Skip to main content

The writer is Spokesperson for the German Greens in the European Parliament and Deputy Minister in the German Federal Department for Economics and Climate Protection

In Germany, the Green Party formed a coalition for the first time at federal level with the Social Democrats and the Liberals. Meeting the goals of the Paris climate agreement and driving a green transformation of the German economy are the top priorities of the new government.

His plans have the potential to set a global standard in tackling the climate crisis. Germany, the world’s fourth largest economy, wants 80% of its electricity supply to come from renewable energies by 2030. This will involve, among other things, the construction of wind farms on 2% of the country’s territory and the installation photovoltaic systems. on the roof of almost any suitable building.

Timely implementation of energy infrastructure projects of this scale will require cutting unnecessary bureaucracy and speeding up Germany’s notoriously cumbersome planning and permitting systems. In the medium term, Germany will switch completely to renewable energies, thus becoming a global climate leader.

The Green Party is now in charge of the ‘super ministry’ for the economy and climate, which will oversee the final stage of Germany’s transition to 100% renewable energy – while other countries discuss the nuclear energy, which is neither environmentally competitive nor economically sustainable.

But decarbonization goes far beyond the energy system. Since the Second World War, German economic policy has been guided by the principles of the “social market economy”. This includes fostering open markets and competition, on the one hand, and controlling their negative consequences, such as environmental damage or inequality, on the other.

This regulatory framework must now be extended from the economic and social domain to the ecological domain. Climate neutrality and biodiversity protection should be central goals of economic governance alongside prosperity and social security. In short, Germany must become a socio-ecological market economy.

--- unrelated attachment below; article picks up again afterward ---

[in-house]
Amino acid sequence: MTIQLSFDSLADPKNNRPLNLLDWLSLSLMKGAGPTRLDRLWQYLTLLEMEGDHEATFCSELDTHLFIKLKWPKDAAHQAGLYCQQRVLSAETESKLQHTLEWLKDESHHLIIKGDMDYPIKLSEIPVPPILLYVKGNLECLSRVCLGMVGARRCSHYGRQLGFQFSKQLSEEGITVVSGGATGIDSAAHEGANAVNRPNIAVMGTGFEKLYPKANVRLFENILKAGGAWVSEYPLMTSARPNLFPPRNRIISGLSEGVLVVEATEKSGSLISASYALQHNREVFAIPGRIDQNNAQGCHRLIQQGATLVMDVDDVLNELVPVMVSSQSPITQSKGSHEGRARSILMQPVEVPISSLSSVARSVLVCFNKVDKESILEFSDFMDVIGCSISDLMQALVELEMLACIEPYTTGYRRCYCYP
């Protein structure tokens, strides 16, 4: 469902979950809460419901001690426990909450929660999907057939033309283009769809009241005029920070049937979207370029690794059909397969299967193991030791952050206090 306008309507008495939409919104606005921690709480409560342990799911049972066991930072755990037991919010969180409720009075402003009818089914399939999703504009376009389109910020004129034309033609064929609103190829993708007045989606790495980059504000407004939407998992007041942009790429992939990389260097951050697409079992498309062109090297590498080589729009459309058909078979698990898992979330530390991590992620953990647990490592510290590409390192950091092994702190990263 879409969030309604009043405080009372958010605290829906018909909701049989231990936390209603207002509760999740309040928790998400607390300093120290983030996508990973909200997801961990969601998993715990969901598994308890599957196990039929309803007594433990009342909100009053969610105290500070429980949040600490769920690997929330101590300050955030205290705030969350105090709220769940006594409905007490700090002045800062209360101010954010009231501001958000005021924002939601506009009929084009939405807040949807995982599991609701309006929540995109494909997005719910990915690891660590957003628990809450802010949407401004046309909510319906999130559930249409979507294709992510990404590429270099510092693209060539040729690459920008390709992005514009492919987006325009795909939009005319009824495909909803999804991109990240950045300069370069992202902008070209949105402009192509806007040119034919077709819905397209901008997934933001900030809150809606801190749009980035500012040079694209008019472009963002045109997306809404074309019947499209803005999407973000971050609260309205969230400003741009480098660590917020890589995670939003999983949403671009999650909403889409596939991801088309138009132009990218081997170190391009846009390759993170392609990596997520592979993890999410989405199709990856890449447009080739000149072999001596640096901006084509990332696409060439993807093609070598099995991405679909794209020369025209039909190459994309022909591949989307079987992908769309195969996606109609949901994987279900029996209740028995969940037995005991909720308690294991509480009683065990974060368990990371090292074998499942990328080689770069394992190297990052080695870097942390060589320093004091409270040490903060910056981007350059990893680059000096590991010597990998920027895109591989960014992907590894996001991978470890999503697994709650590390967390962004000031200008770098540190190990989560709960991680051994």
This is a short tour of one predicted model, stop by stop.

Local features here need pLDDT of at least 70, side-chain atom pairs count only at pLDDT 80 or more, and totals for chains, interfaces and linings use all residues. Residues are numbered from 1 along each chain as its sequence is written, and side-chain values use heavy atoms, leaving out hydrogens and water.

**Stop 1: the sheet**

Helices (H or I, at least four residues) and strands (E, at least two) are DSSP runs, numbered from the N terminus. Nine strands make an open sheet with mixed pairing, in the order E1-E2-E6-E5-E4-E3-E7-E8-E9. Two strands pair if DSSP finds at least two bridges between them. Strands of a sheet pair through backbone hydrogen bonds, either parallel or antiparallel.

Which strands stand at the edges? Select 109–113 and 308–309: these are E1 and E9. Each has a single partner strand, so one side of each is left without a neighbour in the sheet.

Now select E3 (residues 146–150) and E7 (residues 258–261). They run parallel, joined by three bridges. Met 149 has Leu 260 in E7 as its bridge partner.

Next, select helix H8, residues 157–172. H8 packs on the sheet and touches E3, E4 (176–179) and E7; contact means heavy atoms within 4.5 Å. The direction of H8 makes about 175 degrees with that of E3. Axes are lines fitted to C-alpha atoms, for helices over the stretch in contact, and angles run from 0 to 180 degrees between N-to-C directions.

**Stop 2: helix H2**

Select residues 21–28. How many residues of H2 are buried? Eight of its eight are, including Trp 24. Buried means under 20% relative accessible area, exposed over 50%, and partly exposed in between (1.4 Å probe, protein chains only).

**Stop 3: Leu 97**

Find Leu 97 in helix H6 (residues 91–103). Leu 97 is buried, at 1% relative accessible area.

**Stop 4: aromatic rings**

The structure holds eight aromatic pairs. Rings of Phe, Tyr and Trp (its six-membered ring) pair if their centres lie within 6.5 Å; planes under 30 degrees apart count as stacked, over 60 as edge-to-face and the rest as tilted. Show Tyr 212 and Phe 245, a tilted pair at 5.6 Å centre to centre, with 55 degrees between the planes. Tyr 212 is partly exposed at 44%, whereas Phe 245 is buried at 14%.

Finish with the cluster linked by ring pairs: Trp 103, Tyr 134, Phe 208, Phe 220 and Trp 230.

A transformed German economy will only be a source of inspiration at home and abroad if it renews its competitiveness based on ecological and social innovation. And it is exactly on this point that the economic policies of the Greens differ from those of most centre-right parties. For them, climate-friendly innovations are best achieved through deregulation and carbon pricing. But in our view, modern economic policy must be based on an intelligent and pragmatic mix of instruments in order to create a framework for companies to change their business models in a way that is compatible with the limits of the planet and people.

This democratically defined framework for a highly competitive market economy includes pricing carbon emissions, but also technical standards, financial incentives and consumer empowerment to “green” their demand. It must allow a plurality of technological solutions to reconcile economy and planet.

Key here is the idea of ​​a humble state aware of its own limitations and inefficiencies. Taking a social and ecological market economy seriously will stimulate private investment in the economy – not to curb skyrocketing growth, but to expand sustainable forms of production and consumption and reduce unsustainable ones. This broad investment, employment and innovation agenda will be better achieved if macroeconomic policies and financial market regulation create a relatively stable investment climate.

However, the role of the state should go beyond creating a regulatory framework. The State must help private companies to innovate by strengthening infrastructures and supporting innovation within the framework of an active industrial policy. However, industrial policy should not be confused with the selection of potential global champions, which would threaten the many economic and social benefits that flow from an economy based on a mix of large corporations, successful SMEs and social enterprises as well than innovative start-ups. . Green economic policy takes the ideas of German “ordoliberalism” and develops them through the pragmatic use of heterodox ideas.

Completing this transformation will be a huge challenge, not just for policymakers and industry, but for society as a whole. The modernization process always creates winners and losers. Social compensation and the democratic inclusion of citizens in the transformation will be essential, in order to avoid fueling protest movements such as the yellow vests in France. But if Germany succeeds, it can be an example for Europe and beyond of how to reconcile ecology and economy.

Climate capital

Where climate change meets business, markets and politics. Check out the FT’s coverage here.

Curious about the FT’s commitments to environmental sustainability? Learn more about our scientific goals here

Letter in response to this article:

Buzzwords Won’t Get Results for the Green Party / By Alan Mitcham, Cologne, Germany